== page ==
Monday, October 11, 2010

IPN Announces 2010 Bastiat Prize Finalists

LONDON, 11 October -- International Policy Network is pleased to announce the finalists in its ninth Bastiat Prize for Journalism. The competition includes one prize awarded for print journalism ($15,000 total prize money), and one prize awarded for online journalism ($3,000 prize money). Winners and runners-up will be announced in early November.

Seven finalists for the print journalism prize are:

•Andrew Ferguson, Weekly Standard

•Peter Foster, National Post, Canada (2009 finalist)

•Tim Harford, Financial Times (2006 co-winner)

•Jeff Jacoby, Boston Globe

•Bret Stephens, Wall Street Journal

•Jamie Whyte, freelance (for articles written in The Times and Wall Street Journal; (2006 co-winner)

•Martin Wolf, Financial Times

Three finalists for the online prize are:

•James Delingpole, blogger for

•Philip Maymin, columnist, and

Mark Perry, Carpe Diem blog / American Enterprise Institute / University of Michigan

The Bastiat Prize was first awarded in 2002 and judges have included Lady Thatcher and Nobel-Prize-winners James Buchanan and Milton Friedman. The winner of the Bastiat Prize will receive US$10,000, and the winner of the Bastiat Prize for Online Journalism will receive US$3,000. They will also receive an engraved crystal candlestick - a reference to an essay by Frederic Bastiat entitled “A Petition.”

A list of judges is available on IPN’s website


At 10/11/2010 10:30 AM, Blogger Free2Choose said...

Very cool, Mark. I'll be pulling for you!

At 10/11/2010 10:31 AM, Blogger juandos said...

Excellent Prof. Mark!

The cream always rises to the top...

At 10/11/2010 10:37 AM, Blogger Buddy R Pacifico said...

Bastiat might well say today:

"Bien merite. Bonne Chance avec un rayon de soleil pour Mark Perry."

At 10/11/2010 11:31 AM, Blogger Benjamin said...

Sincere congrats to MP on this.

And, as a reward, here is a hat tipper:

What happanes when the farm lobby teams up with the US military? You get $67 a gallon jet fuel.


"By 2020, the Navy aims to meet half of its energy needs for ships and planes with renewable energy sources, requiring some 8 million barrels of biofuel.

“That represents a pretty formidable market,” Rear Adm. Philip Hart Cullom, director of the Navy’s Energy and Environmental Readiness Division told the Algae Biomass Summit in Phoenix, The Arizona Republic newspaper reports.

Cullom acknowledged that he expects biofuels to remain costlier than traditional fossil fuels for some time.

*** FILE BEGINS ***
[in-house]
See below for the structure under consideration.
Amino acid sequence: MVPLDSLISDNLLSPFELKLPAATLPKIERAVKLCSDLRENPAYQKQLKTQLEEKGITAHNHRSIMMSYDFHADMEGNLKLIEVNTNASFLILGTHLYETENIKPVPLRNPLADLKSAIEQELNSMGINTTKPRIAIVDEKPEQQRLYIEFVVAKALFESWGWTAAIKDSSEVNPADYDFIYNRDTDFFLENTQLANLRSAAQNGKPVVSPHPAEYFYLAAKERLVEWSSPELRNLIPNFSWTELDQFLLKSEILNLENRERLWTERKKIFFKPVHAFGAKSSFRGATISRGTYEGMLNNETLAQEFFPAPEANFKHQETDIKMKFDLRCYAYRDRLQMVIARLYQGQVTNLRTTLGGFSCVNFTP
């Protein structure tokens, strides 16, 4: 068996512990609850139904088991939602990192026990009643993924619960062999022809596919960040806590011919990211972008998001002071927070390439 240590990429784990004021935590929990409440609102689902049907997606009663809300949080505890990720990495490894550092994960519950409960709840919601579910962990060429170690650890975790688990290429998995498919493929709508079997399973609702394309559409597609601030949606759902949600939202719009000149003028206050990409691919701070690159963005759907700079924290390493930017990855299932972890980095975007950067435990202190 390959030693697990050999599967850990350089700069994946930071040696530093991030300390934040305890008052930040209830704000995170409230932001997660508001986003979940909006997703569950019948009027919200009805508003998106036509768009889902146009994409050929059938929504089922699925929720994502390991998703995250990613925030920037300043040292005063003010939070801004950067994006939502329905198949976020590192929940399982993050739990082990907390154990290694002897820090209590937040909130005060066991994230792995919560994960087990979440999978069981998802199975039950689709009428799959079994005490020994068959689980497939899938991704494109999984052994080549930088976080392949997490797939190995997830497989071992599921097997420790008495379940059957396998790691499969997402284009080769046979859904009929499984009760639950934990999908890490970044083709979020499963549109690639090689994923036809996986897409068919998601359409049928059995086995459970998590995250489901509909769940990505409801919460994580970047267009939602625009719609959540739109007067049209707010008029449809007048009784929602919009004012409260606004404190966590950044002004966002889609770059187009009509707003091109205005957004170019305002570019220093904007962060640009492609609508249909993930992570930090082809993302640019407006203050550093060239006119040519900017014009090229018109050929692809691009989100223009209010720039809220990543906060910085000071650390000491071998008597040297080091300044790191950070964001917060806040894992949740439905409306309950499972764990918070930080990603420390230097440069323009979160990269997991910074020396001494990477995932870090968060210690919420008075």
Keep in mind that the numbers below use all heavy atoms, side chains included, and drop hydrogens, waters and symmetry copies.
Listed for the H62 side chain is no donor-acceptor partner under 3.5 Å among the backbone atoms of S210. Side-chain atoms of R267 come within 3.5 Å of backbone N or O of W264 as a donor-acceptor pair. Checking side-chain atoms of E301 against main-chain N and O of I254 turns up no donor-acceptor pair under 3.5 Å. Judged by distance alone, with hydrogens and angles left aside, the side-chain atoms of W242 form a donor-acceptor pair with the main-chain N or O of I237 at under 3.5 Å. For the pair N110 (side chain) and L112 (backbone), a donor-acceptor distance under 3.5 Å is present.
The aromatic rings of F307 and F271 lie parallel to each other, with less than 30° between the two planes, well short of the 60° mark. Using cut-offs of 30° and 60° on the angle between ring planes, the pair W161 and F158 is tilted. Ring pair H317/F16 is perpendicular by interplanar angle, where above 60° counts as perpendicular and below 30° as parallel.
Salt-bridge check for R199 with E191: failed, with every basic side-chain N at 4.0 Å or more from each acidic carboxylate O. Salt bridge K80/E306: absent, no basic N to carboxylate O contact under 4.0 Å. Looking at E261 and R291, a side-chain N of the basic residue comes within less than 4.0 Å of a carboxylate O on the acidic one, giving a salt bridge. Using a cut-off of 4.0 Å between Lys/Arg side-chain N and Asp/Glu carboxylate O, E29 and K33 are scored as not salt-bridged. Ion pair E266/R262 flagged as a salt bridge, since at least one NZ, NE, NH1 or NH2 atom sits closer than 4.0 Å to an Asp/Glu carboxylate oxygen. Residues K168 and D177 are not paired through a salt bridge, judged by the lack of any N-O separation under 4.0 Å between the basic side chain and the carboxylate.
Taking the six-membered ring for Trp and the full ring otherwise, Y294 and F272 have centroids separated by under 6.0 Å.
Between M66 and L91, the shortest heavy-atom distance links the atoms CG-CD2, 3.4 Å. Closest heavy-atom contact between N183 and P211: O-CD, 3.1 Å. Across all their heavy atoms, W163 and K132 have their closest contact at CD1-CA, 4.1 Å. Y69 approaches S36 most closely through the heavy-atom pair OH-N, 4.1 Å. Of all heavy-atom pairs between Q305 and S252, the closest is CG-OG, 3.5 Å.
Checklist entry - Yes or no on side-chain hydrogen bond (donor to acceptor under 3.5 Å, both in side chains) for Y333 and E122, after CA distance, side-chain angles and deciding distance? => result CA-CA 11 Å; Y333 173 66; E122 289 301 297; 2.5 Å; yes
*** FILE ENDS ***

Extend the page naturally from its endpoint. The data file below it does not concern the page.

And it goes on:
Last September, the Defense Energy Support Center, which oversees procurement of biofuel for the Navy, paid $2.7 million for 40,000 gallons of camelina-based fuel. That came to about $67.50 per gallon, compared to the typical cost of about $2.94 per gallon for its standard fuel, JP-5."

Now, that is the tragedy of the commons.

At 10/11/2010 1:22 PM, Blogger NormanB said...

May the Candlestick be with yOu!!!

At 10/11/2010 3:54 PM, Blogger Joy said...

Yay! So glad you decided to apply.

At 10/11/2010 6:15 PM, Blogger Noel Barnard said...

Go Mark! I hope you win!

At 10/11/2010 9:12 PM, Blogger Ironman said...

Congratulations! And given the award, it gives me an occasion to pull out one of my favorite Simpson's quotes:

"Ever since the beginning of time, man has yearned to destroy the sun. I shall do the next best thing: block it out."

- Mr. Burns

The trick will be to work the video clip into any acceptance speech that might be required....

At 10/12/2010 5:45 AM, Anonymous Anonymous said...

Congratulations, you earned the recognition for your efforts. I hope you win. I always like a little Carpe Diem with my coffee in the morning!

At 10/12/2010 10:03 AM, Blogger pkelley said...

Mark, Congratulations on the nomination! We'll expect to see you take the brass ring. Paul

At 10/12/2010 8:27 PM, Blogger PeakTrader said...

To paraphrase what QT once said:

This is one of the best, if not the best, economics-finance-business sites-blogs.

That's why we're all here.


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